The BBC and the great petrol rip off

The BBC has managed to run pieces on petrol and diesel prices now going above ??1 a litre ( ??4.56 a gallon, $9.56 a gallon) and has even mentioned that there has been a recent hike in the fuel duty, but still they blame oil markets and not the government.

When will they tell their audience the truth, that two thirds of the price is tax and the main reason we pay such high prices for fuel is the rip off government?

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6 Comments

  1. Moo
    Posted November 9, 2007 at 2:27 pm | Permalink

    Exactly…, about 75% tax compared to the US who only pay 15% on their petrol. What will they tax if we start using electric cars?
    The bbc should tell us the truth about matters such as oil prices but then they risk annoying the government who might mysteriously abolish the tv licensing raquet. Bottem line, The BBC are political puppets mitigating the full extent of rip off taxes.

  2. richard molyneux
    Posted November 9, 2007 at 3:44 pm | Permalink

    Oil at 100$ per barrel is just 31 pence per litre.

    Given all the refining and distributions costs say retail at 37 pence per litre,

    G.Bown takes the rest. I.e. makes 65pence per litre just on petrol and diesel) For the oil producers they make only 25p/litre

    Who is taking the *****

  3. John
    Posted November 9, 2007 at 4:51 pm | Permalink

    The BBC work for the Labour governemnt – a given .

    Why doesn’t the Conservative party suggest that it be manadatory that all petrol/fuel bills show the tax element of the price – clearly.

  4. Mike H
    Posted November 9, 2007 at 4:55 pm | Permalink

    Much as I agree with an earlier poster’s opinions about Auntie Pravda, isn’t it pretty much understood by everyone that most of the cost of petrol and diesel is tax – especially since the issue received so much publicity during the fuel blockade of a few years ago.

    Fuel tax is a significant expenditure for the average motorist doing twelve or fifteen thousand miles a year. Let’s face it, 15k miles at 35mpg would require about 430 gallons costing today around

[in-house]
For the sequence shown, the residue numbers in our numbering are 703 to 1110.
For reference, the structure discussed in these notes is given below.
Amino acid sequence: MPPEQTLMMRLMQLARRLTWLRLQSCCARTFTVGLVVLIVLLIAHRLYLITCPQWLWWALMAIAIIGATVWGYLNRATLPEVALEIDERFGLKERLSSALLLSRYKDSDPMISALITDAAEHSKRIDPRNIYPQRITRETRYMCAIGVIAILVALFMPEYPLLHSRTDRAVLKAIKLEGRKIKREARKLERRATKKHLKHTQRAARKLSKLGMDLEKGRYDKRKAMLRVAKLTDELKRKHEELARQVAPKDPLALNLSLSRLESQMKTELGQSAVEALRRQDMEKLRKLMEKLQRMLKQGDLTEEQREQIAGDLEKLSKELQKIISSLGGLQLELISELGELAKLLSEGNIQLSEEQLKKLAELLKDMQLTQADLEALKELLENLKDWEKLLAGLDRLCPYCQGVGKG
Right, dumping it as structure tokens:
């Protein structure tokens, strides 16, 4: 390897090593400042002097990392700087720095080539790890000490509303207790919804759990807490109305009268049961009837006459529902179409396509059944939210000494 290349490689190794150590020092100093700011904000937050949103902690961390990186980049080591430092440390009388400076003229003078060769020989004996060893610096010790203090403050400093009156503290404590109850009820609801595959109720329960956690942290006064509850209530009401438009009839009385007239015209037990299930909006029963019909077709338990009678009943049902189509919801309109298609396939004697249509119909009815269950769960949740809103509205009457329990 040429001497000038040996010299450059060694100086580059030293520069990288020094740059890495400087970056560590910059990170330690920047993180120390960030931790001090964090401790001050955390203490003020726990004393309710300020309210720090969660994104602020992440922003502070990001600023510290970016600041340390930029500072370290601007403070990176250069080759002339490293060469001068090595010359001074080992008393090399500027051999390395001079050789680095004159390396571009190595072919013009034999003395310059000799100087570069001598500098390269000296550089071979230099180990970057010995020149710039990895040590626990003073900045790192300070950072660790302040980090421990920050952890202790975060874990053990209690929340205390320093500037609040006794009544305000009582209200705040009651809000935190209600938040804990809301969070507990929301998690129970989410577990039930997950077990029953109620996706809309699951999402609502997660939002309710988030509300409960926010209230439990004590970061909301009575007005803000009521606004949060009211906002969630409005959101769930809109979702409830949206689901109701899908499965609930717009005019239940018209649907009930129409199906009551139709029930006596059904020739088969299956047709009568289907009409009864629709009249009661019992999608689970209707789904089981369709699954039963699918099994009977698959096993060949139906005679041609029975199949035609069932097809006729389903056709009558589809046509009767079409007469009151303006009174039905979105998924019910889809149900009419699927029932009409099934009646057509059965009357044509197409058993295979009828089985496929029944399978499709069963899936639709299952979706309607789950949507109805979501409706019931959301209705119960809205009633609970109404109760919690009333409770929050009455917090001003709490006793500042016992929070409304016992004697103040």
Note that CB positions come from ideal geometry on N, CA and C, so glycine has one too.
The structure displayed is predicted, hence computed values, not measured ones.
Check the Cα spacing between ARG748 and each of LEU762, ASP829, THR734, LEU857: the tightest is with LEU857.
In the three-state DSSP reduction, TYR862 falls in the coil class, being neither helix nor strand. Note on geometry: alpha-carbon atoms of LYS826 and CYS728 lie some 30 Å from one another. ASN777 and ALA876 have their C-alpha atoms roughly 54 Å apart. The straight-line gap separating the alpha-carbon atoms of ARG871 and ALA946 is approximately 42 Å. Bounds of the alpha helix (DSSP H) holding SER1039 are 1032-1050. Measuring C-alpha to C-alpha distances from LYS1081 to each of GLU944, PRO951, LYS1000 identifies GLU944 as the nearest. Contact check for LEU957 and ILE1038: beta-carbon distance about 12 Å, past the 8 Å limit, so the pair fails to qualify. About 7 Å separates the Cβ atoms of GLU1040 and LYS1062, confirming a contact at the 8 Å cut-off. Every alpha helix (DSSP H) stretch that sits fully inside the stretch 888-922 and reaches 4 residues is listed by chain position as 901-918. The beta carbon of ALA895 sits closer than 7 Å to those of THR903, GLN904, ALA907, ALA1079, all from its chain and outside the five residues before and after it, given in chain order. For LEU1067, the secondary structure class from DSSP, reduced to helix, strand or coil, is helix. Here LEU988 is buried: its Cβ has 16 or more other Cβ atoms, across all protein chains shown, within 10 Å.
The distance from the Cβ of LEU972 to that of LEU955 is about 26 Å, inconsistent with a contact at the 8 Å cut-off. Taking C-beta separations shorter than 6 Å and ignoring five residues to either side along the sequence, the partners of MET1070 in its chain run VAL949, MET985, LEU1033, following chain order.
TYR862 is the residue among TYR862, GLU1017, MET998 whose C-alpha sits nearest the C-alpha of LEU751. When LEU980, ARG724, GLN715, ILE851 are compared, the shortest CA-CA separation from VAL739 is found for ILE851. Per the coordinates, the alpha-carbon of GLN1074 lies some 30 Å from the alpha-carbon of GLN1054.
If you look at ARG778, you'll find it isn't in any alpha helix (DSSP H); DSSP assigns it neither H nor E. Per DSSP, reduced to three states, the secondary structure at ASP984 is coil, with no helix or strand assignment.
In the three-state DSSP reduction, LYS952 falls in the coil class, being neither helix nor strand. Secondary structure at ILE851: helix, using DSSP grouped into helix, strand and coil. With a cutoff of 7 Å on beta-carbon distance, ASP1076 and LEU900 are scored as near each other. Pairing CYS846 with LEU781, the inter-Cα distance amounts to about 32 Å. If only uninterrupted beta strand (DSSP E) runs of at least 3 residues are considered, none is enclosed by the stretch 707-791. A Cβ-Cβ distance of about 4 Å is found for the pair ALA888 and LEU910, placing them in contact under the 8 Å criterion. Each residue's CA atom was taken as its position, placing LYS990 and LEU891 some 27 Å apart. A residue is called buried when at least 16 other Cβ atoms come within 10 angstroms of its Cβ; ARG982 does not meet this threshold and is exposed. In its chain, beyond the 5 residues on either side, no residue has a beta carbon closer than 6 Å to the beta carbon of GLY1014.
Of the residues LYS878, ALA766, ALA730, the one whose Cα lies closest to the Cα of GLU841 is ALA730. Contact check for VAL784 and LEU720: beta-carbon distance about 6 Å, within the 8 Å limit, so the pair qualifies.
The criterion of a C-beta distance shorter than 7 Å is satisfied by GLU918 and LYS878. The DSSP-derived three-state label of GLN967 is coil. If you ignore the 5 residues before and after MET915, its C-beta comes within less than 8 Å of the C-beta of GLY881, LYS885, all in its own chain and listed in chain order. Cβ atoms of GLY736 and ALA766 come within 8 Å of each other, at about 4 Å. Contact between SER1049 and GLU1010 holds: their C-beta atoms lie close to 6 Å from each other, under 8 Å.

5. Bazman
    Posted November 9, 2007 at 10:49 pm | Permalink

    Am I supposed to be sympathetic to oil company profits and their tax treatment. BBC? Red herfing John!

    Reply: No I do not expect you to be "sympathetic" to oil company profits. I merely wish to get across how much bigger the government's tax take is than the shareholders' profits take. It is also important when reporting the high petrol price story for journalists to remind people that two thirds of the price is UK tax, and that tax was increased in October by the Chancellor at a time when oil prices – therefore the tax take from petrol – was rising anyway.

  6. Bazman
    Posted November 10, 2007 at 11:03 pm | Permalink

    John! Why not show the oil companies take per bill as well? In some form or another? Corperation tax in this country is low.

    Reply: If the bill showed the government's huge tax take, then the remainder would be the money taken by the oil company, so you would see both. You can see the oil companies profits each quarter when they publish their results.They are large sums becuase they are large companies deploying huge sums of capital, but they are small compared to the government's tax take.

  • About John Redwood


    John Redwood won a free place at Kent College, Canterbury, and graduated from Magdalen College Oxford. He is a Distinguished fellow of All Souls, Oxford. A businessman by background, he has set up an investment management business, was both executive and non executive chairman of a quoted industrial PLC, and chaired a manufacturing company with factories in Birmingham, Chicago, India and China. He is the MP for Wokingham, first elected in 1987.

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